The Fresno grower remembers when the raisin harvest came before school

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A tray of freshly picked grapes dries on a Dinuba paper tray.  Writer David Masumoto recalls families harvesting raisins together.

A tray of freshly picked grapes dries on a Dinuba paper tray. Writer David Masumoto recalls families harvesting raisins together.

Fresno Bee file

I know for most of us, school started in August. But I’m old and I remember going to school in rural areas was a moving target. For those of us in southern Fresno County, it all depended on when the raisins were harvested.

Yes, raisins definitely at the start of school. If the grapes were sweet we would start harvesting towards the end of August and school could start right after Labor Day. But in some years when the grapes were slowly ripening, it might be mid-September for back to school. In a way, education was all about being “local,” so even the school calendar incorporated a sense of place. The families of the farmers and farm workers were directly tied to the rural harvest rhythm. There was no separation between the economic power of agricultural crops and the importance of schools and education in our families.

My family firmly believed in the value of education. My wife Marcy was a member of the Sanger School Board and is currently a member of the Fresno County School Board. If this were in the 1960s she would be monitoring the weather and work and keeping an eye on when raisins were to be picked. Can you imagine the complex communication strategies to let teachers, administrators, parents and students know when back to school started?

(Remember, not everyone had a phone at home. I remember we used “party lines” where our phone was connected to other participants – they could overhear other conversations and had to wait for their calls to end were to make your call. It certainly built a feeling for neighbors!)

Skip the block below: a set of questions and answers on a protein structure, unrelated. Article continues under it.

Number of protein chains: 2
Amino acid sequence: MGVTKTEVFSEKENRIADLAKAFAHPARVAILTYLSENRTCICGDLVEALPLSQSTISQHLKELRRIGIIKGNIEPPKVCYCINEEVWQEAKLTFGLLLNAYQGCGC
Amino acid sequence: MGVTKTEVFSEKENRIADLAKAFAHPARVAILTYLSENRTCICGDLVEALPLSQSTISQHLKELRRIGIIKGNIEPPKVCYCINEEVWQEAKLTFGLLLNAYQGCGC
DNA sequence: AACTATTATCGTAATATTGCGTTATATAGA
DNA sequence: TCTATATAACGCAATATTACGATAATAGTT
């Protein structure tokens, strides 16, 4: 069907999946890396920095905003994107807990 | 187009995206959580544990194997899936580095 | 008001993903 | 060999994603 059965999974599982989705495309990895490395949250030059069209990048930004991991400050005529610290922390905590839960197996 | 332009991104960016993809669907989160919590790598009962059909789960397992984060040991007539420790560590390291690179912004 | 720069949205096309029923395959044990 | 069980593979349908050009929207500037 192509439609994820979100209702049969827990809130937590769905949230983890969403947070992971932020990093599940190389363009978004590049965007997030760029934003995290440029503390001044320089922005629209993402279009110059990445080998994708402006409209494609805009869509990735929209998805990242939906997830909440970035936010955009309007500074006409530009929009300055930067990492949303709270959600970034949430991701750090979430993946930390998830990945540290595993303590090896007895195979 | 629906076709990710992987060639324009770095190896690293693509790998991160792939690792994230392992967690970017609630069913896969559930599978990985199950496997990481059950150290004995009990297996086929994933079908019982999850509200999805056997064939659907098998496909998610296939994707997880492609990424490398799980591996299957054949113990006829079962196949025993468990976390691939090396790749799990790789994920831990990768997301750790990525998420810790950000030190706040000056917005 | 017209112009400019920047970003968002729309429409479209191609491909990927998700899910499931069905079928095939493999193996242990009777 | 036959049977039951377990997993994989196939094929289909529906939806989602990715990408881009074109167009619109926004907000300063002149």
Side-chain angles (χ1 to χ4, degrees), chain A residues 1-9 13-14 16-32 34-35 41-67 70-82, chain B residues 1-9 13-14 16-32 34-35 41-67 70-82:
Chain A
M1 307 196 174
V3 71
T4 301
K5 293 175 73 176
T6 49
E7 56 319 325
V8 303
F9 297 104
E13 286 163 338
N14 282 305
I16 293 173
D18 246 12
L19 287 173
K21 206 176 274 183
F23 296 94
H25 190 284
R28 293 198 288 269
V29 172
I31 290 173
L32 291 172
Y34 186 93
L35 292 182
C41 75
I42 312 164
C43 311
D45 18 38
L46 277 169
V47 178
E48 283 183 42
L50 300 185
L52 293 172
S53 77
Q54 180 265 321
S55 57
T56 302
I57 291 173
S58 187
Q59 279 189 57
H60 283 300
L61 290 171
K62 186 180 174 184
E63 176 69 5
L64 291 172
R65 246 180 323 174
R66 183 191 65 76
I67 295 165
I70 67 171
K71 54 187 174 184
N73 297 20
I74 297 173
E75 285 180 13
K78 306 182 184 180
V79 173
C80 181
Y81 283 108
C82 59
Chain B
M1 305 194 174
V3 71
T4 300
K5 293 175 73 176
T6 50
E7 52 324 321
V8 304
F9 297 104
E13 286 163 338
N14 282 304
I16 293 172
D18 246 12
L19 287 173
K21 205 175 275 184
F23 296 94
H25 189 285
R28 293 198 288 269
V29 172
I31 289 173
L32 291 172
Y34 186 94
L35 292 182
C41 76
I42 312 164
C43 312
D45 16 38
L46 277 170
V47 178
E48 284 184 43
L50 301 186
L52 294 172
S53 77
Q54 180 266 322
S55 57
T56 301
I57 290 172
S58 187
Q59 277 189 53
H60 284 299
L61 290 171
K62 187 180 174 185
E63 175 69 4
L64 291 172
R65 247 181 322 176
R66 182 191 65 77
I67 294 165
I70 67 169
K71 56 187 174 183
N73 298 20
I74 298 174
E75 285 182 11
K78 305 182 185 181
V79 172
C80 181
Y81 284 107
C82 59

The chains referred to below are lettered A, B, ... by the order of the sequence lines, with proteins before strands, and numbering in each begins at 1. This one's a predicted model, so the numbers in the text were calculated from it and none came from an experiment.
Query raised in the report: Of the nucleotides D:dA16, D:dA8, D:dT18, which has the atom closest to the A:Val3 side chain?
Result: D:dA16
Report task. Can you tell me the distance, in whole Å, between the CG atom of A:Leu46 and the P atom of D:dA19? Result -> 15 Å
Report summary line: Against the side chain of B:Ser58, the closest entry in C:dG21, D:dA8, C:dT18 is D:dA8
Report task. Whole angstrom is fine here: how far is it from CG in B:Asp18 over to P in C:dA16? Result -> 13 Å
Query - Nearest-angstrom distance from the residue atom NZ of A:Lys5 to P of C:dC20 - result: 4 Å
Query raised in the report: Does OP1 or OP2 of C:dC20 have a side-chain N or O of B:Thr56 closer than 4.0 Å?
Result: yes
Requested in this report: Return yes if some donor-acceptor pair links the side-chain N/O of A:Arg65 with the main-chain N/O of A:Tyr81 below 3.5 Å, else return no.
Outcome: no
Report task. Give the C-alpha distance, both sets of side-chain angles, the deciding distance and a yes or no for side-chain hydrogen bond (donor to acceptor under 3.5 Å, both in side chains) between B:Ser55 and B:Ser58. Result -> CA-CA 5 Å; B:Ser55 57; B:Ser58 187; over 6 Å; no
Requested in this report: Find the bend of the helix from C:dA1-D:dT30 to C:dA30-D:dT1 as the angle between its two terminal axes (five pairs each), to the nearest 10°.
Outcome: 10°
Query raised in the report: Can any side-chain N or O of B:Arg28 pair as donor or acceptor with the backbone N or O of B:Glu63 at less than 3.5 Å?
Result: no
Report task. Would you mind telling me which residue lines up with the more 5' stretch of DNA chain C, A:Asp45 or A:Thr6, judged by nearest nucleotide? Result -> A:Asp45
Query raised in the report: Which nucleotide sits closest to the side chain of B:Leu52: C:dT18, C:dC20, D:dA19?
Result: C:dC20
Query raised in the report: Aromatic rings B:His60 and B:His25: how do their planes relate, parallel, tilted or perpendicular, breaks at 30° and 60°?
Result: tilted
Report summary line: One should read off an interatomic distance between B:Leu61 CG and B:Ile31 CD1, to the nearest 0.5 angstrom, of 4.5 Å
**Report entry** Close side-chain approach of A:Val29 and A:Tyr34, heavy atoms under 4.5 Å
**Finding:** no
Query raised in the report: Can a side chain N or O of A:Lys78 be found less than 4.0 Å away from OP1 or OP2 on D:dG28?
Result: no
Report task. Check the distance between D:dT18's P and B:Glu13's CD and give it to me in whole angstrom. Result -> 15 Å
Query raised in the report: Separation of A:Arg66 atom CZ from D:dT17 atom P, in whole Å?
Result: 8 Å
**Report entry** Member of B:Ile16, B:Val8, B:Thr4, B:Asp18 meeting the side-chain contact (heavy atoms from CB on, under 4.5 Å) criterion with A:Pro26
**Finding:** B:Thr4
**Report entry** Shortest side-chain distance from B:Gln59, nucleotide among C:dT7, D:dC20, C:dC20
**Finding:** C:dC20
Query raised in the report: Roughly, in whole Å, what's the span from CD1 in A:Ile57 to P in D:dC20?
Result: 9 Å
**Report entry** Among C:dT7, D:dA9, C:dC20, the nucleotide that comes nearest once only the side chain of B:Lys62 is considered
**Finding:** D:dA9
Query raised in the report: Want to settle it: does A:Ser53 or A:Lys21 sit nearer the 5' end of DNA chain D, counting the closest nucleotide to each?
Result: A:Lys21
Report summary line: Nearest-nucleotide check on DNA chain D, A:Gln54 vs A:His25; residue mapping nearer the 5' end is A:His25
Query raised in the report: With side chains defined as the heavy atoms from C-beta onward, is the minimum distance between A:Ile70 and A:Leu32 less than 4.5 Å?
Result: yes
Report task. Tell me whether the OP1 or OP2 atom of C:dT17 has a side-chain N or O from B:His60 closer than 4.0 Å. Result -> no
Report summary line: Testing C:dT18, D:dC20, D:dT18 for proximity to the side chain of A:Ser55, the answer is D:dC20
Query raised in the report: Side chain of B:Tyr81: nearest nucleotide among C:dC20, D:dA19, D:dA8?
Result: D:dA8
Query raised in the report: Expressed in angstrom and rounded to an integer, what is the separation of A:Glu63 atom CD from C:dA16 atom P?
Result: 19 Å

You might think an educator would disagree — should a farmer’s grape harvest be more important than school? But the opposite could be true. Bringing families to the fields for a few weeks represented a crucial opportunity for advancement and income. Picking raisins was a process that whole families could do together. Ask any old-timer and they’ll have bittersweet memories of a job the whole family could participate in and a division of labor that included children — parents often picked the green grapes, another child distributed the berries on a paper tray, while a younger sibling spread out the trays in front of the picking team.

Child labor laws now limit the age of children working in the fields. Unfortunately, I’m sure there have been instances of exploitation and forced labor that were exploitative and not right. But many families understood the value of hard work and the opportunity to make a few extra bucks during this crucial harvest time.

As a farmer’s child, we didn’t have to obey labor laws—we were employees and employers. So going raisin-picking wasn’t against the law. Also, you wanted to join in and help them when your parents went to work at sunrise. I’m not sure how much I contributed, I often got distracted by lizards or cobwebs. I can remember taking breaks and lying under a vine and looking through a canopy of leaves at the blue sky. And every once in a while a wasp’s nest in a vine would make us flee and run away – and then laugh when we weren’t stung.

It was hard, dusty work. But since we were paid by the number of trays we picked, many were able to hustle and make good money.

Today I wonder how work is evaluated. Too often we ignore the way our food is harvested and how families struggle economically. In a way, the grape harvest became a life lesson on how to get off the fields and a motivation to go to school. Education became the ticket for many to leave the world of farm work. For some, picking raisins that add to a basic college fund for some kids — start at a community college, and if things worked out, you’ve progressed to a four-year institution. It was our valley’s version of a 529 college savings plan.

Due to the late start of the school year in September, the end of the school year in June was also extended. This became a life lesson for all of us, a moment when farming and education systems were part of the same community fabric. Both counted.

But by the time my kids started school, that tradition was long gone. I think they were glad not to have to stay home and pick raisins. (Although they could sometimes work weekends and after school).

I like to appreciate how family, work and education belong together: they were part of our daily farm life rhythm. Of course, educators like my wife, Marcy, and the school boards and administrators of the day struggled to popularize the word back then. No mobile phones. No texting. Word of mouth only. And dust everywhere. And the sweet scent of grapes drying to raisins.

David “Mas” Masumoto is an organic farmer near Fresno and the author of several books including Epitaph for a Peach. He can be contacted at [email protected]

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David Mas Masumoto

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